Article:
State Rep. Mike Wilensky (D-Dunwoody) has filed a bill that says local governments can deny apartments or other residential developments because they could further burden already overcrowded schools.
Dunwoody parents and city leaders have been battling with the DeKalb County School District for years about overcrowding in local schools. Chamblee and Doraville, also in Wilensky’s district, are facing the same overcrowding issues. Brookhaven schools are overcrowded. Wilensky said it is a statewide problem.
He said House Bill 898 would put language into Georgia code that clearly states local governments can deny zoning applications due to overcrowded schools. A co-sponsor of the bill is state Rep. Scott Holcomb (D-Atlanta), whose district includes a portion of Brookhaven.
State law already allows municipalities to consider the effect a zoning decision could have on schools, he said, but it is not clearly defined. His bill would amend Georgia code on the exercise of zoning powers to “allow counties and municipalities to consider the effect of a proposed zoning action on local school systems and the potential overcrowding of schools within such school systems.”
“The current law allows municipalities and counties to use overcrowding to deny zoning applications … but [the law] doesn’t say it anywhere,” Wilensky said. “It’s not in the code. It needs to be codified if that is the law.”
Wilensky said he was told by legislative attorneys that city and county attorneys have been telling elected officials they cannot deny zoning applications based on school overcrowding. That apparently started happening in the 1970s and 1980s when federal discrimination lawsuits were filed against cities that denied apartment projects due to overcrowded schools, he said. Because local attorneys did not want their cities sued, they would tell elected officials not to deny zonings based on school overcrowding, Wilensky said.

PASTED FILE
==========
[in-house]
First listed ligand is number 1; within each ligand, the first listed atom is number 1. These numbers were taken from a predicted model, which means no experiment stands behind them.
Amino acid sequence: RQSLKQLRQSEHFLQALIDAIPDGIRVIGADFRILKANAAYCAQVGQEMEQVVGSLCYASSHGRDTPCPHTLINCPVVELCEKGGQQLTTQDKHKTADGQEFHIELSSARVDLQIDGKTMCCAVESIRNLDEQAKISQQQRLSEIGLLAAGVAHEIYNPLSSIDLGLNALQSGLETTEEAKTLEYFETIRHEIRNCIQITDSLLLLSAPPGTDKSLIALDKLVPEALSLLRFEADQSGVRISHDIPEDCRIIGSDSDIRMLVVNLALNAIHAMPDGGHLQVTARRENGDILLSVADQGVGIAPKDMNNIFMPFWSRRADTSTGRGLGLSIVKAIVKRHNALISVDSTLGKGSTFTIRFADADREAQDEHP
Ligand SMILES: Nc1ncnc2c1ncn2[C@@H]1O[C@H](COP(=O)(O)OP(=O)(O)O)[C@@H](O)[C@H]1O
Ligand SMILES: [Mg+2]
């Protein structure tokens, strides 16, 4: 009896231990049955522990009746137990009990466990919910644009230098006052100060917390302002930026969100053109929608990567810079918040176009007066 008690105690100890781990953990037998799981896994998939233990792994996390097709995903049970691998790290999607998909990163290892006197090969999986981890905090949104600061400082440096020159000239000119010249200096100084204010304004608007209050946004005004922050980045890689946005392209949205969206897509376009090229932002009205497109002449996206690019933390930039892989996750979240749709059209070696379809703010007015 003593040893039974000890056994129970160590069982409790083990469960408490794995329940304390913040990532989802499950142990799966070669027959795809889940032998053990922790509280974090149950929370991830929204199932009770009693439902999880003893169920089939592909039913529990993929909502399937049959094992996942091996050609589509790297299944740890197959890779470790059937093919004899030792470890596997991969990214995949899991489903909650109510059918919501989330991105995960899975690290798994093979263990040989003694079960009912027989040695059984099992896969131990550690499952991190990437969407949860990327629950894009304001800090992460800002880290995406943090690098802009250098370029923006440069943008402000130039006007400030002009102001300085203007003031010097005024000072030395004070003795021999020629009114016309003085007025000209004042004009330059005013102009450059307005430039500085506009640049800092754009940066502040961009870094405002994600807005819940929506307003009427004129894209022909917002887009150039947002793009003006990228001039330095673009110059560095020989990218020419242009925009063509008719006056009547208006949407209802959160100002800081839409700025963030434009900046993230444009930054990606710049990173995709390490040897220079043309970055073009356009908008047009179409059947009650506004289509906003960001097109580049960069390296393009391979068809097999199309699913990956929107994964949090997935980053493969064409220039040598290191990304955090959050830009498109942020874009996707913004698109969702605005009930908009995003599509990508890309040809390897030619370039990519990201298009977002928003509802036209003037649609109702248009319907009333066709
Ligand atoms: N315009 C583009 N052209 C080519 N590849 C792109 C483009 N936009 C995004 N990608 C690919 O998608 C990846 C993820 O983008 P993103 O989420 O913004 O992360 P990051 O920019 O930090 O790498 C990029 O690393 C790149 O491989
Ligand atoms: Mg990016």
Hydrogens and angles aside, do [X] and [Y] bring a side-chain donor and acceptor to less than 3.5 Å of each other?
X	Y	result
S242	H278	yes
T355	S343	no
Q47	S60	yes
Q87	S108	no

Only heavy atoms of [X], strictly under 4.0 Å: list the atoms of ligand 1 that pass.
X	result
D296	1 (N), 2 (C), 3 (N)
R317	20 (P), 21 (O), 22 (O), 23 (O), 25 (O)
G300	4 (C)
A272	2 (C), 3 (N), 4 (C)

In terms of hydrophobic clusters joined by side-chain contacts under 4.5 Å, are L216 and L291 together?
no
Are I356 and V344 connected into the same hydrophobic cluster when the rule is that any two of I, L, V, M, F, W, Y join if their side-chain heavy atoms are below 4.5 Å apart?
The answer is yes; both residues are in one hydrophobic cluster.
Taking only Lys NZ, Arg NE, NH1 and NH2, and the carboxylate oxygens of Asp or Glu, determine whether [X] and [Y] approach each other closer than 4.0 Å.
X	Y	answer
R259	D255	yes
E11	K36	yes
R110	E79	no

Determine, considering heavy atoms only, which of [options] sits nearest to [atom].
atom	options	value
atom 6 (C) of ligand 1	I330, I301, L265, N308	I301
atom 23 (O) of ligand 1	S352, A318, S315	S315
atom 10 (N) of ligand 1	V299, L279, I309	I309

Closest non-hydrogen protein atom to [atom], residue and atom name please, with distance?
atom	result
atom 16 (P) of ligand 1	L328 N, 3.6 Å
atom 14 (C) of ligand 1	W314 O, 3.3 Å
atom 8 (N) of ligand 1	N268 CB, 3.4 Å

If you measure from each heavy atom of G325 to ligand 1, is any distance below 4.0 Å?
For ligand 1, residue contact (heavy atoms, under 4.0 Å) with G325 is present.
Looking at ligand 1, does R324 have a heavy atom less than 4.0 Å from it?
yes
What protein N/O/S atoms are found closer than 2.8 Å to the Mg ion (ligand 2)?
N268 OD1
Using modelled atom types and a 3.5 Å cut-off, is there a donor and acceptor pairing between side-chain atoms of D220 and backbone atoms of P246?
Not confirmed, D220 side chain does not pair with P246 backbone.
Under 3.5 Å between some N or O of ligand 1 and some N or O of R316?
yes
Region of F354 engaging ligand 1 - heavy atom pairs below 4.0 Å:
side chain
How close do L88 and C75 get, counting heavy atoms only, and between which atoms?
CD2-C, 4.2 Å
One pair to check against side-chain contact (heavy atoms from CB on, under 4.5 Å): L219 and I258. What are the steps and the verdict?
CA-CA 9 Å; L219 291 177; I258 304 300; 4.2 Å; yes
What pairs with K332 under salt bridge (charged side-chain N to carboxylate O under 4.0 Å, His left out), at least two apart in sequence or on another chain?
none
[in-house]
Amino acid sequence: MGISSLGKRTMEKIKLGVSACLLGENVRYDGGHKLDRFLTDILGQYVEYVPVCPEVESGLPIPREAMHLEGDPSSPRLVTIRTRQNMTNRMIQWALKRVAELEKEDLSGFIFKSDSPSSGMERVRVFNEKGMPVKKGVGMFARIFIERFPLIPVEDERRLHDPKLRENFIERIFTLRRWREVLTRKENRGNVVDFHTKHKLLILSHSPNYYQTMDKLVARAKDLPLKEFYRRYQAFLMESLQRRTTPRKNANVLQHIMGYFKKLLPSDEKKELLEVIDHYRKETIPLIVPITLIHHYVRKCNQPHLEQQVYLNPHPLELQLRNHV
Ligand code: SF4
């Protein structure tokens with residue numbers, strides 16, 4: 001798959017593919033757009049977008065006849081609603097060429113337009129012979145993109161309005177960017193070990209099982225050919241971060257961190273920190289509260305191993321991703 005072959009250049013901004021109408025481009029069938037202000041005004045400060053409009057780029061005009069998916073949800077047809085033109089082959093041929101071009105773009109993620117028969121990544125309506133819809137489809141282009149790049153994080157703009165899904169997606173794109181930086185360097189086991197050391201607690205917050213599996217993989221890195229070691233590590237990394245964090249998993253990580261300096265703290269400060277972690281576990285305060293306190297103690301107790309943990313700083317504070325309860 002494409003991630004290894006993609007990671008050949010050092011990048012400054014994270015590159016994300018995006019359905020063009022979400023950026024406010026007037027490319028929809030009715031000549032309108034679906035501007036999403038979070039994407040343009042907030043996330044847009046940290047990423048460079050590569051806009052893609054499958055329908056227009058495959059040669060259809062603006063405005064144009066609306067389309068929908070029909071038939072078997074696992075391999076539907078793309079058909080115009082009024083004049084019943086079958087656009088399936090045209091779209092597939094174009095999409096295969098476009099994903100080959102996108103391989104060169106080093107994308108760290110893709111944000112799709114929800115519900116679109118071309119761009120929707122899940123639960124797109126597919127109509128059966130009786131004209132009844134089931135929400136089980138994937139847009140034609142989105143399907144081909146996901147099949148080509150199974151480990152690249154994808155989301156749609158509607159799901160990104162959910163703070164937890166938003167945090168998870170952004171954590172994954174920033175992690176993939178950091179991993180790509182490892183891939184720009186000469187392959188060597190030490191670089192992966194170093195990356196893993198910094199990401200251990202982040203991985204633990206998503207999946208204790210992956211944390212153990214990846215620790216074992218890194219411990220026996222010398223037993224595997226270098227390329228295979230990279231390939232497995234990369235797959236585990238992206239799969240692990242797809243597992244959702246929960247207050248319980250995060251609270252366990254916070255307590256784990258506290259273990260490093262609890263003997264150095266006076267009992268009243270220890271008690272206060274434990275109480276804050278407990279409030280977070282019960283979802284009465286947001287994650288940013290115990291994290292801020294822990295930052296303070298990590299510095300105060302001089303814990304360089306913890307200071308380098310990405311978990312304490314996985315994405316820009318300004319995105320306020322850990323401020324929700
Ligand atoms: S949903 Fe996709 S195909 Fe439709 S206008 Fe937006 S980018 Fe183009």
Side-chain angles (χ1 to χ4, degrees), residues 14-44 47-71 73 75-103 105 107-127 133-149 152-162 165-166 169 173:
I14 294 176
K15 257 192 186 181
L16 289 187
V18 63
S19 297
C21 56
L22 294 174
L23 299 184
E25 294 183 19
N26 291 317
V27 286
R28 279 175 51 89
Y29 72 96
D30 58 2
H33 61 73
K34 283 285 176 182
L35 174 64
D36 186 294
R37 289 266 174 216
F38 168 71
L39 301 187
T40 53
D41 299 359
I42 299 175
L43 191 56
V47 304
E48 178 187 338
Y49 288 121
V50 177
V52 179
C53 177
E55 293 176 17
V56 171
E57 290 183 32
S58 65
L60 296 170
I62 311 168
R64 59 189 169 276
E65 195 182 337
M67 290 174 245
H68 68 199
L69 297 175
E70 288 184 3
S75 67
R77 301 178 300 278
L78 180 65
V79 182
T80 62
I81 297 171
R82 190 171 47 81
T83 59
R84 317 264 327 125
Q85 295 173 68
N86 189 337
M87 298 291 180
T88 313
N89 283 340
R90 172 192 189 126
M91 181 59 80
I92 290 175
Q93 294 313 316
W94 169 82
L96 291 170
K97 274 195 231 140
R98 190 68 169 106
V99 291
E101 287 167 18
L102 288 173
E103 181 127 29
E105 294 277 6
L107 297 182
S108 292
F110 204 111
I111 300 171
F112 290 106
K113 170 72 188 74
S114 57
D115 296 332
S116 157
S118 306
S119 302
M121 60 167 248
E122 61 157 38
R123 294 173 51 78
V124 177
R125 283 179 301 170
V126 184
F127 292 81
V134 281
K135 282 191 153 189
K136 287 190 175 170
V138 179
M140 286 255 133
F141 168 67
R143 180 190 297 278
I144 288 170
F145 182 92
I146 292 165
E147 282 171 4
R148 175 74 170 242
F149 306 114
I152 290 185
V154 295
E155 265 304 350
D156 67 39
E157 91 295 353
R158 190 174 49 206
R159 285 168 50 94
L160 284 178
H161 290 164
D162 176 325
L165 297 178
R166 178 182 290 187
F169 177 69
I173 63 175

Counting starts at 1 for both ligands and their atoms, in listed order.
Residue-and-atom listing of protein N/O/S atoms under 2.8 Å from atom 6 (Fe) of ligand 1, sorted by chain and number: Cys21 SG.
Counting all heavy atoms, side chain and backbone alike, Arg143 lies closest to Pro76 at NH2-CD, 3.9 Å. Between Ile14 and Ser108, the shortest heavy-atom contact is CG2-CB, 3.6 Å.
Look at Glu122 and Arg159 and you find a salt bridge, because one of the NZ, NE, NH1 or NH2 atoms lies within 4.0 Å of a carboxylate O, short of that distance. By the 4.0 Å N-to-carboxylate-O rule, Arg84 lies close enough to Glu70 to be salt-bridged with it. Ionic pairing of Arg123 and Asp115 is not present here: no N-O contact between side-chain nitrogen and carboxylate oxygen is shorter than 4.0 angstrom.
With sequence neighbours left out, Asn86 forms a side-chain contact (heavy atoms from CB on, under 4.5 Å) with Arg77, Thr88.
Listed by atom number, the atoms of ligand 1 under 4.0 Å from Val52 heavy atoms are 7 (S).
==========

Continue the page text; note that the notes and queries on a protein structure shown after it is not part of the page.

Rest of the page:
“And over the years it turned from ‘don’t do it’ to ‘it is against the law,’ but that is incorrect,” he said.
That has created confusion of what state law says, he said. He did not give specific examples of where that has taken place.
“All I’m doing is codifying the current law so it is clear that cities can protect the safety of children and the schools by denying zoning when schools are overcrowded,” Wilensky said. “All city and county officials should know they have this right.”
The law, with the amendment, would be:
“… [E]ach local government shall adopt standards governing the exercise of the zoning power, and such standards may include any factors which the local government finds relevant in balancing the interest in promoting the public health, safety, morality or general welfare against the right to the unrestricted use of property. Such standards may include the consideration of the effect of the proposed zoning decision on local school systems and the potential overcrowding of schools within such local school systems. Such standards shall be printed and copies thereof shall be available for distribution to the general public.”
Wilensky said he is not targeting apartments and that major home-ownership projects also could be rejected.
“It has nothing to do with being for or against apartments,” he said.
“We have schools that are far over capacity. I am not creating anything new,” he said. “This is the law as it currently stands. The confusion is the rights cities and counties have.”
This story has been updated to include state Rep. Scott Holcomb (D-Atlanta) is one of the co-sponsors of the bill.